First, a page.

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calamari

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noun cal·a·mari \ˌkä-lə-ˈmär-ē, ˈka-lə-ˌmer-ē\

Definition of calamari

  1. :  squid used as food



Did You Know?

The word calamari was borrowed into English from 17th-century Italian, where it functioned as the plural of "calamaro" or "calamaio." The Italian word, in turn, comes from the Medieval Latin noun calamarium, meaning "ink pot or "pen case," and can be ultimately traced back to Latin calamus, meaning "reed pen." The transition from pens and ink to squid is not surprising, given the inky substance that a squid ejects and the long tapered shape of the squid's body. English speakers have also adopted "calamus" itself as a word referring to both a reed pen and to a number of plants.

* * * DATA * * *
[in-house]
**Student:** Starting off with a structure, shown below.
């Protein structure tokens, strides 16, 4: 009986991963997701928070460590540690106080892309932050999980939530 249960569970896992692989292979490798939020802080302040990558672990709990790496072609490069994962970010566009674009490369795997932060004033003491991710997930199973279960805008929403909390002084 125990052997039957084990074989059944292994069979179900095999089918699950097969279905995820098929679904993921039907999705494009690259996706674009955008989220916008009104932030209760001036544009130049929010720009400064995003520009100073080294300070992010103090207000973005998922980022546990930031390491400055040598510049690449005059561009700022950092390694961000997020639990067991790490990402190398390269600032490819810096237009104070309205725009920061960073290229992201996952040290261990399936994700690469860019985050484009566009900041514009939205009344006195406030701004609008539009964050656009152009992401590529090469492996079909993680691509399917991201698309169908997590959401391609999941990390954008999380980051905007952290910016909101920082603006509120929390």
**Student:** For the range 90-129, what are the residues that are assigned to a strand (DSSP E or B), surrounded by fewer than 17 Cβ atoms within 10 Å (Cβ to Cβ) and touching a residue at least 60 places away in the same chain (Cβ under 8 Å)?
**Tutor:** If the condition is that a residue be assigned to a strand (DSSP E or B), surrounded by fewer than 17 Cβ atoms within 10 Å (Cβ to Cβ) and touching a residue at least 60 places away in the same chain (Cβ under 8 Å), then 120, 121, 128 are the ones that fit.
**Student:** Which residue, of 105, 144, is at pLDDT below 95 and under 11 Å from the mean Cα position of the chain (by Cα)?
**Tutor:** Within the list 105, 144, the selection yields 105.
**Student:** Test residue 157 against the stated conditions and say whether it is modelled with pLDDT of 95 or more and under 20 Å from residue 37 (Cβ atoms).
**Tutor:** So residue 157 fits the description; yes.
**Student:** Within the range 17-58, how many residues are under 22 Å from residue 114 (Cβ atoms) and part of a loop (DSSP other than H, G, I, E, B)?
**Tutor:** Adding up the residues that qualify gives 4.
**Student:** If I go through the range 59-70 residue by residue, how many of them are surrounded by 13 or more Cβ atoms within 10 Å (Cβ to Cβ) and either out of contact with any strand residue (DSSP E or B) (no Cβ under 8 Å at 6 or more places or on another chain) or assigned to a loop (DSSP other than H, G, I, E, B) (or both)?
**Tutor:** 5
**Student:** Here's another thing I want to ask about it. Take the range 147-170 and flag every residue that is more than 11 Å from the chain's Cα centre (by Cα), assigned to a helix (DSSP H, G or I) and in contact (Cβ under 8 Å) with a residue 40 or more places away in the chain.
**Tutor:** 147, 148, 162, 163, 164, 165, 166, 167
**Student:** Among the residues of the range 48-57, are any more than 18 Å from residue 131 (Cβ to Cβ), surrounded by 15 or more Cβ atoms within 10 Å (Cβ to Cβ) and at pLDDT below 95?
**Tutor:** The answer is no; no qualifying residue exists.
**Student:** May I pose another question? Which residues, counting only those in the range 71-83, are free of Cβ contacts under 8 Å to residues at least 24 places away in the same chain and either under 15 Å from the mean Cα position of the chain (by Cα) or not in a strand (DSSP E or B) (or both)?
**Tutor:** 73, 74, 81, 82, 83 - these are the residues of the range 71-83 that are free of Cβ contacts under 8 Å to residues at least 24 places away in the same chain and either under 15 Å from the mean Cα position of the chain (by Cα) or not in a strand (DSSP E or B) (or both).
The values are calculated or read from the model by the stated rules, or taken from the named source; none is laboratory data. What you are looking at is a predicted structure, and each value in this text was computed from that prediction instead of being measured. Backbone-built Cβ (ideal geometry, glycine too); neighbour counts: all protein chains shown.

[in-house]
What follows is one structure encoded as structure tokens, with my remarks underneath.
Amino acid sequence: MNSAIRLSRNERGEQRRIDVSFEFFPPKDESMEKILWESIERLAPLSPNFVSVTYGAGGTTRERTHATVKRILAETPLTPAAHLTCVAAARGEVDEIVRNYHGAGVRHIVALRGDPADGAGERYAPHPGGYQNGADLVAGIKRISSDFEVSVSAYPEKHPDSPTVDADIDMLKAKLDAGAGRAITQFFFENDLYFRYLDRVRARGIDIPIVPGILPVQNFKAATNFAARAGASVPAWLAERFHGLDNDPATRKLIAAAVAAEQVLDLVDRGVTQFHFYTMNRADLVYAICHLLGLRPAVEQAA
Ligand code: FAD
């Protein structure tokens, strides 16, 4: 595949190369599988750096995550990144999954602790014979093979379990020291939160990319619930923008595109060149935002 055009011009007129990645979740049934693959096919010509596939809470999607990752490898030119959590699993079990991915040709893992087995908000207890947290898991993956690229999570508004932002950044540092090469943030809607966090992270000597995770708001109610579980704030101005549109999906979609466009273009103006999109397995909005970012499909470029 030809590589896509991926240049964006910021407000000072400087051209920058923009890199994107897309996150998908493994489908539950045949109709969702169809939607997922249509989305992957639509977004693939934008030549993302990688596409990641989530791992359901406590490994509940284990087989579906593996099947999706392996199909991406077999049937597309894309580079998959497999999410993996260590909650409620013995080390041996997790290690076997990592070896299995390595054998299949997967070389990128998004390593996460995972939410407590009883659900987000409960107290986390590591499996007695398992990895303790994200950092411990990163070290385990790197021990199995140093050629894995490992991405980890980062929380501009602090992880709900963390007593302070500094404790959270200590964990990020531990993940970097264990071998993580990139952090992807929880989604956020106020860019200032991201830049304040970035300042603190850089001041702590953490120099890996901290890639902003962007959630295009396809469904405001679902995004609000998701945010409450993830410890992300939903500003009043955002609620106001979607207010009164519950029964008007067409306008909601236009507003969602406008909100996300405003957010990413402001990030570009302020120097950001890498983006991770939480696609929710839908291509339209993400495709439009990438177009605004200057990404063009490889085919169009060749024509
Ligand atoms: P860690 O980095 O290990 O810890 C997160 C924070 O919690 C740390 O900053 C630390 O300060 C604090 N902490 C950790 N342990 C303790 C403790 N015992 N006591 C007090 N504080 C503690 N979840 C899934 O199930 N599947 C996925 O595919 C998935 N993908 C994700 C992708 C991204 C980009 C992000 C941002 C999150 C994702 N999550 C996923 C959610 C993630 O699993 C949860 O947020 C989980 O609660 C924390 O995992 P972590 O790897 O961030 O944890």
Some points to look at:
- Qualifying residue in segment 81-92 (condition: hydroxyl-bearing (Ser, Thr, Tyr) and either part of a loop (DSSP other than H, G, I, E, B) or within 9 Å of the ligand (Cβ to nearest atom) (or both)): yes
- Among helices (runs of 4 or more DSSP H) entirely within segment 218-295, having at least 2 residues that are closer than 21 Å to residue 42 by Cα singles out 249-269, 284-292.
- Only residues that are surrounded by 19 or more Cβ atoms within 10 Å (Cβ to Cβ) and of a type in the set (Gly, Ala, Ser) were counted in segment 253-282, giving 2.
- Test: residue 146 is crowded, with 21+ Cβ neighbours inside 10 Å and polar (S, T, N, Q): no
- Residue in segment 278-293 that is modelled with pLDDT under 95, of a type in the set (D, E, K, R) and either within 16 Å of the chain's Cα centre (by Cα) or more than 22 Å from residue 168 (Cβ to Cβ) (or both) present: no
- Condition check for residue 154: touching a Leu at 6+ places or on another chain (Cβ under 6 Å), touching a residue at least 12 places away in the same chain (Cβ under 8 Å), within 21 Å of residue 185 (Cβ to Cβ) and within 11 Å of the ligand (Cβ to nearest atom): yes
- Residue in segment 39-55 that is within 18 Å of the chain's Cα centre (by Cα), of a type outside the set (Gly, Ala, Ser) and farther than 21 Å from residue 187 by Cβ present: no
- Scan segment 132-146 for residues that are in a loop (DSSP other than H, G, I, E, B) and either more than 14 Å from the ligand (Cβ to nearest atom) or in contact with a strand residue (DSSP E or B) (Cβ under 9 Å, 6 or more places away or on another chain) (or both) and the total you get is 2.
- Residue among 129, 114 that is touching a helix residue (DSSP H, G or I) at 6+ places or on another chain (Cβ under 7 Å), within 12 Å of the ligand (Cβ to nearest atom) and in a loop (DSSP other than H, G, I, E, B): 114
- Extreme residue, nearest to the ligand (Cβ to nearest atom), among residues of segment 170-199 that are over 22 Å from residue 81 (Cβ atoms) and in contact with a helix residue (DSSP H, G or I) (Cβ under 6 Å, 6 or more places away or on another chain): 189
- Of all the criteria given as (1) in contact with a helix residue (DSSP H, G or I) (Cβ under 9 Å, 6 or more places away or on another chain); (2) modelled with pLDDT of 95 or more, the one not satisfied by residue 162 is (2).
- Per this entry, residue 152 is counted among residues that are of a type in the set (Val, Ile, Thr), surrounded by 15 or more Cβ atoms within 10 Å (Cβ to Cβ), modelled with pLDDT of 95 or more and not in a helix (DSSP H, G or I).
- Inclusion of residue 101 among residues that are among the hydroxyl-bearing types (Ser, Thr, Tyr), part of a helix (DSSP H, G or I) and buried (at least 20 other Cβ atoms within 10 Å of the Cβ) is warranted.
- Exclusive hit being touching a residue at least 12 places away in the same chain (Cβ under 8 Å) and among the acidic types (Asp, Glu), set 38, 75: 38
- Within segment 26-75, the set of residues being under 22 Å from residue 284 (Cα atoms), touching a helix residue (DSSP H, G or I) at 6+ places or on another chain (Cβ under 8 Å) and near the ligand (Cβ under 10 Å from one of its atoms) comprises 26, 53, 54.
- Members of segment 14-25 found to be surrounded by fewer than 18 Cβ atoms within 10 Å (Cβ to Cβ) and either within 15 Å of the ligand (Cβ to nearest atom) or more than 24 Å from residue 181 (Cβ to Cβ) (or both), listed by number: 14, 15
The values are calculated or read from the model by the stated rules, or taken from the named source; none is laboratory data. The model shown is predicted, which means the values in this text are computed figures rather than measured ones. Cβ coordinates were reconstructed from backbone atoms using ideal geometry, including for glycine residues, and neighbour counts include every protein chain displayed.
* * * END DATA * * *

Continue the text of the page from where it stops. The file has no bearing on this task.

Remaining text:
Origin of calamari

Italian, plural of calamaro, calamaio, from Medieval Latin calamarium ink pot, from Latin calamus; from the inky substance the squid secretes


First Known Use: circa 1961

Rhymes with calamari


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